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    1. I haven't played Skirmish Sangin myself, so can't compare directly. Games can take from 45mins to 4+ hrs: a lot depends on force size. This game was right at the bottom end: two fireteams for the marines. I've played games up to about a reinforced platoon size: six or more fireteams a side, plus multiple tanks, air and arty support. Check the blog I've linked to for some of these games.

      I'd say the rules have one or two tricks to learn, but the rest is straightforward. The main trick is the reaction system. One side has the initiative, the other side can interrupt their fire or movement with fire of their own. At times, multiple units will be trying to interrupt the one active unit. Sorting out these chains of reaction can be tricky to know you've got right.

      Apart from that, the rules are straightforward. Most tests are made against a units Quality, which is a die type: d6 for irregulars, d8 for regs, d10 for elites. A 4+ is a success. Combat involves opposed die rolls: who rolls more successes - attacker or defender? Most other tests are based on the Quality dice: makes things easy to remember.

      Hope that gives you a decent indication of the way the rules work.

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    2. Perfect then! Thank you very much! I definitely need to give this a try! :)

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  2. Ow! Lesson 1 - Move to cover :)

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    1. Lesson 1: don't pull the 'Better than they look' card!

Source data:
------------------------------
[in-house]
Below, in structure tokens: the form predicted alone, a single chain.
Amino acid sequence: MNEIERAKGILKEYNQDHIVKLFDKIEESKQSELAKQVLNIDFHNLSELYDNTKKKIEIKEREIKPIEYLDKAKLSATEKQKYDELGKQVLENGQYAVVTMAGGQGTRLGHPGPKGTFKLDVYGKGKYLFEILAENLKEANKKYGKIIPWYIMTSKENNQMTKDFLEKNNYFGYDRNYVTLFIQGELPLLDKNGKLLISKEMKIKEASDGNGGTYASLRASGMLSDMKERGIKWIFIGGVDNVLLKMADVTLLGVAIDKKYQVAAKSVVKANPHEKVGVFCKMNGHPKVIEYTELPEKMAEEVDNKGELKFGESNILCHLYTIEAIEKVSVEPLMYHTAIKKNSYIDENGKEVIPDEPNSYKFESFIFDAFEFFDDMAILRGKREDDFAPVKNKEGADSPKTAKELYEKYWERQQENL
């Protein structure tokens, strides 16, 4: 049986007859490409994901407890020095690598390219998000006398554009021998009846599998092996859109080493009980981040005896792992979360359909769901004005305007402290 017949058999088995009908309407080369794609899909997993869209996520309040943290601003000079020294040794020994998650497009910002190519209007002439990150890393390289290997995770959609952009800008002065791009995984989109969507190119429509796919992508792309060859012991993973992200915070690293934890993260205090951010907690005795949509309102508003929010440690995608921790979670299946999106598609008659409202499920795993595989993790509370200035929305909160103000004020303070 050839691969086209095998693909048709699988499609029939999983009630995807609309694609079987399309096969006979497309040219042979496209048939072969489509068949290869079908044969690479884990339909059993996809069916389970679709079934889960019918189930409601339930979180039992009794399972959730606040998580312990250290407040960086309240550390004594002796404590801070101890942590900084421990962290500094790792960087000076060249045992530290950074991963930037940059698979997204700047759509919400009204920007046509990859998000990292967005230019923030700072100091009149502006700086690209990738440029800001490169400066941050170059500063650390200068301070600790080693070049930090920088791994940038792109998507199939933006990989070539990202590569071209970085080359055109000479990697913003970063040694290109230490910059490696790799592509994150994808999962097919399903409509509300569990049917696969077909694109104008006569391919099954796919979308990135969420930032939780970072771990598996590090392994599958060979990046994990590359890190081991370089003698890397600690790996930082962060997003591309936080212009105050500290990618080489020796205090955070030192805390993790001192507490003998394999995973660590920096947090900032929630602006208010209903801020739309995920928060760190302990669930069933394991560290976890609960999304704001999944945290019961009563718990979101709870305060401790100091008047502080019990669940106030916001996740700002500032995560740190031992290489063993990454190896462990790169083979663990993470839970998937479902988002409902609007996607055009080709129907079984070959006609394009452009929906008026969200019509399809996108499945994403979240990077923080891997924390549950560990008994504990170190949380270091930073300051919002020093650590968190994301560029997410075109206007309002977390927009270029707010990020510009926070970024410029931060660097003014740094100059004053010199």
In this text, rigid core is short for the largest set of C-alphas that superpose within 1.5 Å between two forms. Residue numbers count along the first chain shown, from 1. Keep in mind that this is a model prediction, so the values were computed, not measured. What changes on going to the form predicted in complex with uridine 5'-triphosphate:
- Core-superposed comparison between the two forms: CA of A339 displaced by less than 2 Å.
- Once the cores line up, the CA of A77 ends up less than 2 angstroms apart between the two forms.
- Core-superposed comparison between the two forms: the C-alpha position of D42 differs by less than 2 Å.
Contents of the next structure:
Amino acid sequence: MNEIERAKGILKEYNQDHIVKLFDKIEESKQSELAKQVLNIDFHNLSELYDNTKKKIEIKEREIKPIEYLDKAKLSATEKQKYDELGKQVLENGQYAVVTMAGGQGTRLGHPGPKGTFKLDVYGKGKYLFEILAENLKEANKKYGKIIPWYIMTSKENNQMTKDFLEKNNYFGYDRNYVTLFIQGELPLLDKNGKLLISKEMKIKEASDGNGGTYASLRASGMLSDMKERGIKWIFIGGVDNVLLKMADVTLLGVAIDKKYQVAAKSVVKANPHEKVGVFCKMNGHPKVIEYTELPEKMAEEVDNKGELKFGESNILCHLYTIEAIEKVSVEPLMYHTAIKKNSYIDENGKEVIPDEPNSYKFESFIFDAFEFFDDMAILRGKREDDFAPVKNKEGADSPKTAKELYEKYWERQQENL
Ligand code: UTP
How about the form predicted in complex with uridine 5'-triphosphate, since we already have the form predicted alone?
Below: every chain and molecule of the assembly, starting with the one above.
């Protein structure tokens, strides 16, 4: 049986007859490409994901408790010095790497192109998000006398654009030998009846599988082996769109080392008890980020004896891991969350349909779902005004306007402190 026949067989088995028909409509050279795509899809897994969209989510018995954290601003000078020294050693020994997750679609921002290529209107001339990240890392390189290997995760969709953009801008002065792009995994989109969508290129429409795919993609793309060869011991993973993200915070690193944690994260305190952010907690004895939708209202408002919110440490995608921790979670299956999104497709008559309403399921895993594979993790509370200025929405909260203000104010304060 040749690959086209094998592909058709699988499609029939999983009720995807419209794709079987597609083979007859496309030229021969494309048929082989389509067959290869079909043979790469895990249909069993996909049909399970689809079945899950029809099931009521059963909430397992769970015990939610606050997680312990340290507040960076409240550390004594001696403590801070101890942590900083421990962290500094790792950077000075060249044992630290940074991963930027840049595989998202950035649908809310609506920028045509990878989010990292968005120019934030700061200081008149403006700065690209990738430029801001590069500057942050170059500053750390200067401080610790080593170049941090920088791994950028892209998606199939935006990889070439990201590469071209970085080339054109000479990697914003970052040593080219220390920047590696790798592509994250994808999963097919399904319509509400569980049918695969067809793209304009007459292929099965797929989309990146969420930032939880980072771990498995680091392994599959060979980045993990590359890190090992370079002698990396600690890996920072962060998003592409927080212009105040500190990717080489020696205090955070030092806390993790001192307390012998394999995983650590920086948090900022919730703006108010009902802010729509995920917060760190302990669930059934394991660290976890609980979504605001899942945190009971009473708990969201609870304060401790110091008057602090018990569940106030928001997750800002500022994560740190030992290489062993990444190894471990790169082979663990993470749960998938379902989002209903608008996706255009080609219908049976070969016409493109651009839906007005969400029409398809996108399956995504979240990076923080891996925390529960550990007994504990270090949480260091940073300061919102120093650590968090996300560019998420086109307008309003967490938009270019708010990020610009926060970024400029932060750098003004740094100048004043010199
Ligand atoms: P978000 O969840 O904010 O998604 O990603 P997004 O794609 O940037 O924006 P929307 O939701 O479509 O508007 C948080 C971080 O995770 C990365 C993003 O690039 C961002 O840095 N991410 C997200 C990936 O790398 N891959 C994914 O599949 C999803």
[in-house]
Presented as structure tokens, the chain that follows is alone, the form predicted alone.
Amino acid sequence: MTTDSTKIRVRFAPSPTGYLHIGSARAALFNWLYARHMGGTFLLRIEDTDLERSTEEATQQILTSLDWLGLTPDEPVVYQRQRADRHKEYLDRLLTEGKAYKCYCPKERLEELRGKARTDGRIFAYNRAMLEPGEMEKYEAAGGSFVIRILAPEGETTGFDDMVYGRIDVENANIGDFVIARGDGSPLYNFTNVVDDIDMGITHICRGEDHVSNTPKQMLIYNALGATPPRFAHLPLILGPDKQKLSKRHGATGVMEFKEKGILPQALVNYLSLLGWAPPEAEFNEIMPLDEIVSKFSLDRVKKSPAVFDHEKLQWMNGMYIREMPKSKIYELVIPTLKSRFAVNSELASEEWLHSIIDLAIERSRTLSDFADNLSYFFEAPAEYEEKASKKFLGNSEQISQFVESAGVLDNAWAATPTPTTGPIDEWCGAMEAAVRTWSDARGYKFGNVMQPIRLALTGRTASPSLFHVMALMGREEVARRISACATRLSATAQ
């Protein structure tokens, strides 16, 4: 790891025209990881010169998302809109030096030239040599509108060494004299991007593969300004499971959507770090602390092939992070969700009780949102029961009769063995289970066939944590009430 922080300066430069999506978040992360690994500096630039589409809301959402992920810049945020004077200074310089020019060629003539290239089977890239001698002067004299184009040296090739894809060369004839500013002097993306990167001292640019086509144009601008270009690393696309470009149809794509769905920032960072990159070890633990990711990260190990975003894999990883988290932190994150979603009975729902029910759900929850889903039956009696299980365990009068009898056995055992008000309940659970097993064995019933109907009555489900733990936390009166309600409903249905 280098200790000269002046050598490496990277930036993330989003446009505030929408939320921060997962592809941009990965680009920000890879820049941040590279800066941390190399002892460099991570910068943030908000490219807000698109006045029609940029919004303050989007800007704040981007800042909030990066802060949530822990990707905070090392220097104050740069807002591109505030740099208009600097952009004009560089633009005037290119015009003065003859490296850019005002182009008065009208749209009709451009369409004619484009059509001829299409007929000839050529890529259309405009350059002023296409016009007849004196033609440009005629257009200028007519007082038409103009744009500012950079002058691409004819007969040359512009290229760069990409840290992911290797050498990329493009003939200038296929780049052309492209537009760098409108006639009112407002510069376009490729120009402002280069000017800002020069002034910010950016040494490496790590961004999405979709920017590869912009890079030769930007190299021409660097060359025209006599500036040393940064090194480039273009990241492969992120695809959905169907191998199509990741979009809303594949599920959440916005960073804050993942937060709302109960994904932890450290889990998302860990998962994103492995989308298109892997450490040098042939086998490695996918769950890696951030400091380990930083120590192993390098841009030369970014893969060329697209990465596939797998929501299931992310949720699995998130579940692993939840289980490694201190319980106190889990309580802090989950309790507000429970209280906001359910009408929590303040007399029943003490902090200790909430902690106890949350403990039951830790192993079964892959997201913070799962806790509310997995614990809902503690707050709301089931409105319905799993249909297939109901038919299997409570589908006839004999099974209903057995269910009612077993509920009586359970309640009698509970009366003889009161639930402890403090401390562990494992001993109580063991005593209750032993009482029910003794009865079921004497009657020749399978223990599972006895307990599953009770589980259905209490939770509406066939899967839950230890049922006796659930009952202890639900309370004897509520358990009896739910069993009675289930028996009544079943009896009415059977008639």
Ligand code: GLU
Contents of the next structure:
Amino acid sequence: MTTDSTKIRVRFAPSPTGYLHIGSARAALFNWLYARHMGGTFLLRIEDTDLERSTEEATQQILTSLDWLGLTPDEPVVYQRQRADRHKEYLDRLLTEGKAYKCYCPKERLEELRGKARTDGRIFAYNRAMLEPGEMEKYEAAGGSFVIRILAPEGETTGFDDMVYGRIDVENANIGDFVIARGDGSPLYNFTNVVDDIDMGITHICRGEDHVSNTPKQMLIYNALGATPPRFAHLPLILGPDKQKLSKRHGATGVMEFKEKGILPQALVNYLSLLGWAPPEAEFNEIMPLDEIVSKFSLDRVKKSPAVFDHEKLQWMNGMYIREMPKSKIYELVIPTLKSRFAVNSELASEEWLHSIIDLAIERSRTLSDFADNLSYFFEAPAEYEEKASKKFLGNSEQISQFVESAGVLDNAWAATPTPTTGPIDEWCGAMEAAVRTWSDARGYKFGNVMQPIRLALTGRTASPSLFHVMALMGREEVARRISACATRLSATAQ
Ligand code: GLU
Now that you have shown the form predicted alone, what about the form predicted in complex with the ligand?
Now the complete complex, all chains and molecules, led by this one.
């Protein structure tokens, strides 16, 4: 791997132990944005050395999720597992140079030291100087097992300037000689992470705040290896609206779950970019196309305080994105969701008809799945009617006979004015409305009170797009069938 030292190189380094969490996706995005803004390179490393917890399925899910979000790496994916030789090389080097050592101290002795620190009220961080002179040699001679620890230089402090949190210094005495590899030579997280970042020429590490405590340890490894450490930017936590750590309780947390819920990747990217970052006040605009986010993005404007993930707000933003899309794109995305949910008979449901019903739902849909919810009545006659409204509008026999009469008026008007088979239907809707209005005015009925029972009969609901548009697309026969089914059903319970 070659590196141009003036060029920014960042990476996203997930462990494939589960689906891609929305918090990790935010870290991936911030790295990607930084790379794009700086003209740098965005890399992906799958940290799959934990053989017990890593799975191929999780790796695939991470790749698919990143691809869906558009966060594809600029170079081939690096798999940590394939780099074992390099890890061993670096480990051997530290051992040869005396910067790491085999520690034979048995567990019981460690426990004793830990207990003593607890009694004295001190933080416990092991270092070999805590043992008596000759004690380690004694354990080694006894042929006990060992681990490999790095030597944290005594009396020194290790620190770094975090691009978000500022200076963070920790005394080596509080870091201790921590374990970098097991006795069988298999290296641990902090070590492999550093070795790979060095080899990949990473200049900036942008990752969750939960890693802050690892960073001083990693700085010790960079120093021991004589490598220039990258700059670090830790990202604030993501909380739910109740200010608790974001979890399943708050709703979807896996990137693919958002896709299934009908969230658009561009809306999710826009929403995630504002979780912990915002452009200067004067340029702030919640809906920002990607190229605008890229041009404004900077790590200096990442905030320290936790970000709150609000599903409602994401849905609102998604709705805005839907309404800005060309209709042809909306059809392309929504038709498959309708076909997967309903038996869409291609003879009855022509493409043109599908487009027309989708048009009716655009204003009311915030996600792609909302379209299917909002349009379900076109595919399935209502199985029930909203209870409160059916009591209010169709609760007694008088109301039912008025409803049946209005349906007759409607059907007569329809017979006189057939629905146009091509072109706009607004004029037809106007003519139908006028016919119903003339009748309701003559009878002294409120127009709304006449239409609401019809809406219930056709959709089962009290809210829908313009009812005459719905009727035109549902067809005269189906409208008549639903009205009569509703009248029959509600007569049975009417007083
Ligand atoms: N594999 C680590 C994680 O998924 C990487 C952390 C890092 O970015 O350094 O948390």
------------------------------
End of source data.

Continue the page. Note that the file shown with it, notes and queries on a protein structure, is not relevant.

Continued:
Oh, and the package arrived today, thanks. I'll pass the bases on. And I can see why you chose a dark pj for the daemonettes: hides the twisted details!

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    2. I felt that cards wrath several years ago...from the same cruel school master. Tell your boys not to be too hard on themselves, the UN/US in Moggy learnt the same two lessons. Don't underestimate the enemy and don't stand against a wall which makes a nice fire lane.

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    3. The daemonettes are nice and androgynous. I used their heads for my Imperial Guard (the Grey Knights have no clue!) and will use the spikey arm bits to make some nice half-tyranid thingies.

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    4. Yes, I did have a chuckle when they pulled that card - brought back memories. The boys don't feel too bad about it actually: mid-way through the game, they were pretty despondent, but I asked them this afternoon and they said they'd be happy to play it again sometime.

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  3. Have you considered giving black ops a shot?

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    1. Yes, that is the other option worth thinking about. I haven't played them yet. Read your report on the blog. You have to be happy with a certain level of abstraction - a SAW and an M203 work exactly the same. They're both just light support weapons.

      Out of interest, is there a sweet spot in terms of game size for Black Ops?